Oolong means “black dragon tea”.
Tales: Teas originally discovered in Wuyi mountains of Northern Fujian Providence of China. First evidence was found from Qing Dynasty poems such as Wuyi Tea Song. It was a direct descendant of Dragon-Phoenix Tea Cake tribute tea which was found in Sung Dynasty. According to Anxi Version, a man called Sulong (Wulong or Wuliang) discovered this oolong tea plant and harvested it in Anxi, Fujian.
Oolong teas are the most demanding teas to manufacture. In addition to drying or roasting the tea leaves, oolongs are typically put through multiple cycles of drying and storing, and the final product is tightly rolled into small balls.
Oolongs may be classified into three main types of tea, depending on their level of oxidation.
- Low Oxidized. 8-10%. Closer to a green tea. Examples, Wenshan Baozhong, Jade Oolong.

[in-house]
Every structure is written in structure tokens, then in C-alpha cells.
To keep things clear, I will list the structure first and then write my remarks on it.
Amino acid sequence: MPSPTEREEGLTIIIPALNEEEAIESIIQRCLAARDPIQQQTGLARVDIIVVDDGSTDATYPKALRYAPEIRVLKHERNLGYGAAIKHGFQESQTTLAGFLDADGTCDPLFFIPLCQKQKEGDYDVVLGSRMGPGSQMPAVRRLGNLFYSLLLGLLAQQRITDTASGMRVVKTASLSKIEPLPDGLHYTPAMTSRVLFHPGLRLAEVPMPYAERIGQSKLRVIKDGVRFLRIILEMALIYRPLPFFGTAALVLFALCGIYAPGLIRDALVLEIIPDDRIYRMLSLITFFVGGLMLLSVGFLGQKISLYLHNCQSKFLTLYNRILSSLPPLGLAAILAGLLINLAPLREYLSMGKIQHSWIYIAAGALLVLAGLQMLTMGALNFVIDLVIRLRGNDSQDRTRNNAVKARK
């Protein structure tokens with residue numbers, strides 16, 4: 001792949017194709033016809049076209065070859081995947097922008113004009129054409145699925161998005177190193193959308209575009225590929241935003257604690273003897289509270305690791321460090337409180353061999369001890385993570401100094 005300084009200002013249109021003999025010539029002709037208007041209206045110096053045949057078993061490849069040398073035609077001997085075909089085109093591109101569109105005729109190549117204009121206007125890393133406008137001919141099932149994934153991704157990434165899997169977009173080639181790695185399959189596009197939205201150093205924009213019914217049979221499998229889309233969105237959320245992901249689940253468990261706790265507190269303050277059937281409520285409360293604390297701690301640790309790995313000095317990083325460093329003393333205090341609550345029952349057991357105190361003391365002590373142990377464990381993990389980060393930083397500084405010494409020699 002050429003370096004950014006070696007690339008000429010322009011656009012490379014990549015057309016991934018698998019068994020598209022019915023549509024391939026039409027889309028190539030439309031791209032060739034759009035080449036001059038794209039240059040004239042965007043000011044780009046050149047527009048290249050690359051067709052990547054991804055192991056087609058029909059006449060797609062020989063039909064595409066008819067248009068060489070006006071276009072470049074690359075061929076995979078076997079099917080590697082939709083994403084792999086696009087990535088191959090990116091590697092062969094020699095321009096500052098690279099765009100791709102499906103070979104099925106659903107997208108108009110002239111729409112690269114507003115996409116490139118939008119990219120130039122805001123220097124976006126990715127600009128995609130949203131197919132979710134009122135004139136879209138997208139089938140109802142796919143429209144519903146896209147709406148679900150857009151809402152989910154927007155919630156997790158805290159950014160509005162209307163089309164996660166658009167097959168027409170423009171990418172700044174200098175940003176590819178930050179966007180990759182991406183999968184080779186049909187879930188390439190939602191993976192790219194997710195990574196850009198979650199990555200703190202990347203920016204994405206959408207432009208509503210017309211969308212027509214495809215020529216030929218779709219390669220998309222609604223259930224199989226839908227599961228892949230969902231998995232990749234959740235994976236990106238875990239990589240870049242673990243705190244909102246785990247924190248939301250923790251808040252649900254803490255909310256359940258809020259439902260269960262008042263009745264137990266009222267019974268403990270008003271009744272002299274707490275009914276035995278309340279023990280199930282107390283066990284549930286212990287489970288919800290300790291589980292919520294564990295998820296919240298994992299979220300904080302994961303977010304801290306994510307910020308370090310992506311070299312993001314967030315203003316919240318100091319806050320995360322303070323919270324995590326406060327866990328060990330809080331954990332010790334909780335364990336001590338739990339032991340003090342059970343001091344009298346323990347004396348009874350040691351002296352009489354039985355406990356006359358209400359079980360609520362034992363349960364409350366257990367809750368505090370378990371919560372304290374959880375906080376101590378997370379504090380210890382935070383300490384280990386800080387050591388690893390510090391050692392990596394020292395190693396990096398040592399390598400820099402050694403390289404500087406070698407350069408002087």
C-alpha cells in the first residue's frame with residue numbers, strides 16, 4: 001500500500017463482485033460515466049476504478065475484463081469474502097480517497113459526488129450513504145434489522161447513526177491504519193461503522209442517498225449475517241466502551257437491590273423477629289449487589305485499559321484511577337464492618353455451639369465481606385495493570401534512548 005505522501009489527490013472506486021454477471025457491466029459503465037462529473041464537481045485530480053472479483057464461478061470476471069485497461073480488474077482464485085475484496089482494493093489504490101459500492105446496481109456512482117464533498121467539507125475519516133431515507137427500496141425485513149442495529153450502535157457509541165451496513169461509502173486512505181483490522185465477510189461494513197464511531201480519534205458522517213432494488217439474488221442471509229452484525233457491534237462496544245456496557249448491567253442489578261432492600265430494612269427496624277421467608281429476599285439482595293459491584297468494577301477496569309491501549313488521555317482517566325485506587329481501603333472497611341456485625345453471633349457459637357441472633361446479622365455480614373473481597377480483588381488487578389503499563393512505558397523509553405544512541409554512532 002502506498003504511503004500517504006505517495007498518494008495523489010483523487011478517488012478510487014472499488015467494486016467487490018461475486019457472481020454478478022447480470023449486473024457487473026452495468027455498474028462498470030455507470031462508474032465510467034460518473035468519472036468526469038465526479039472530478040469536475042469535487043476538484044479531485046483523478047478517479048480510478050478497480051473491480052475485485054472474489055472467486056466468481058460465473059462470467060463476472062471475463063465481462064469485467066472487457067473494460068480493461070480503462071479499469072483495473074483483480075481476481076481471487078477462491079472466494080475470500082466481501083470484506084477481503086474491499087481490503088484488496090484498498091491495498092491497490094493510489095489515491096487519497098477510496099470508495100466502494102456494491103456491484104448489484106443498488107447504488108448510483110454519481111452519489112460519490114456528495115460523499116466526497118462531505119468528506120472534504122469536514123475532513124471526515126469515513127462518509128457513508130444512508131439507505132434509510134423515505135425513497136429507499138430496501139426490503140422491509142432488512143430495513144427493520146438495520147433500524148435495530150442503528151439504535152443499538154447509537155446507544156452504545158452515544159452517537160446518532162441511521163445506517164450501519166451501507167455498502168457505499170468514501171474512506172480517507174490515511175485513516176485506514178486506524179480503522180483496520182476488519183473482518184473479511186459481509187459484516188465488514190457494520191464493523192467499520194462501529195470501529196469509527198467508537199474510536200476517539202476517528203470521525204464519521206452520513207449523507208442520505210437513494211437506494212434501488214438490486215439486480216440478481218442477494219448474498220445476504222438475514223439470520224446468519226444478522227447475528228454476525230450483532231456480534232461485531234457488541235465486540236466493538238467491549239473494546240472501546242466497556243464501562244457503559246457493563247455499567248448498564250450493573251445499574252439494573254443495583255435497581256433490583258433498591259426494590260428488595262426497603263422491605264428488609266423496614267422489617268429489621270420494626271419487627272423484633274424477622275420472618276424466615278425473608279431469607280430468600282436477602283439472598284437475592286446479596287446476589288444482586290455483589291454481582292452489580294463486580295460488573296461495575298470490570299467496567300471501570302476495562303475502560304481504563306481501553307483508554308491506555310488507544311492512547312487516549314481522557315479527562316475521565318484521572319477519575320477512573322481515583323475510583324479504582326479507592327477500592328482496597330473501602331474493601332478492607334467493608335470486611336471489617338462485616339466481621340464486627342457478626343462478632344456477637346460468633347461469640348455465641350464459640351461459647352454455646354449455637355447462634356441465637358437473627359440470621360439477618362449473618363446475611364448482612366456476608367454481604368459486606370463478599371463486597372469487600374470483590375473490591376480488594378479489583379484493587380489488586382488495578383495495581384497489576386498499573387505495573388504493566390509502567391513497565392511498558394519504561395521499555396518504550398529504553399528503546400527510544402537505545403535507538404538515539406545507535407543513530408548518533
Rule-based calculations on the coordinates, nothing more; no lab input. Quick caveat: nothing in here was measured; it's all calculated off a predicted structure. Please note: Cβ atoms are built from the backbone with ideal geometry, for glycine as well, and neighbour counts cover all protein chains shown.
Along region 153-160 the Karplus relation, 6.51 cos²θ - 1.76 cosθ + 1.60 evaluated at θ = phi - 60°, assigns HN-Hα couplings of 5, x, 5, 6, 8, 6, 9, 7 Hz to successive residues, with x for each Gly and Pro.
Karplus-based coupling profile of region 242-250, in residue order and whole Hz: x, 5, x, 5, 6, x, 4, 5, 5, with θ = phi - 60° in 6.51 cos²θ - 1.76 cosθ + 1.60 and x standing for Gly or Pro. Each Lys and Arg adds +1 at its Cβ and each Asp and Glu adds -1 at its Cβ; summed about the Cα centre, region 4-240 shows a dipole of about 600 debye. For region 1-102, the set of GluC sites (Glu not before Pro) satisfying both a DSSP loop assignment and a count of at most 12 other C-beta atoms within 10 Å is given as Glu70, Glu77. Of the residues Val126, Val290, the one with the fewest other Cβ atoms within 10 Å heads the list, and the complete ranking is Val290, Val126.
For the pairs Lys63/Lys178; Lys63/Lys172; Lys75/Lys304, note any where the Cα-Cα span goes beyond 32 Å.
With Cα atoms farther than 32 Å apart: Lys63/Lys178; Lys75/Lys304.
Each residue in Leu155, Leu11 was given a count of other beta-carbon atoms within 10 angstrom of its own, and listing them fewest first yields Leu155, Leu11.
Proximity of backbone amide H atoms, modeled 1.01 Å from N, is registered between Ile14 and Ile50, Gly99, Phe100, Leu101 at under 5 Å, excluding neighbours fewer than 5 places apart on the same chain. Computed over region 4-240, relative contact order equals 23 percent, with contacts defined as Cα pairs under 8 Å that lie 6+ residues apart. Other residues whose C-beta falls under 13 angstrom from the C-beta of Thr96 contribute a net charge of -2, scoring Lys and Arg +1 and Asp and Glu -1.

- Medium Oxidized, 20-30%. Examples: Iron Goddess of Mercy.
- High Oxidized, 40-80%. Closer to a black tea. Examples, Phoenix Mountain oolong, Alishan oolong.
Unique growing technique with some of teas in this category: insects! The tea jassid (Jacoblasca formosanaana) eats tea leaves, inducing secretions that changes the tea leave’s taste.
Connie loves to drink oolong, so they are our most favorite teas in our household. Here are some high quality oolongs in our shop that we always keep around:
- Guifei Cha Small farm, single estate oolong from Taiwan. Uniquely processed from Jassid-bitten tea leaves, this stresses the plant to release more polyphenols. Medium oxidation, around 70%.
- Tung Ting high mountain tea from Formosa, winter harvest. Smooth, floral aroma, and sweet aftertaste. Also check out our Roasted Tung Ting.
- Wing Chun Oolong from the Song Bo region of Taiwan. Unique, blossom-like fragrance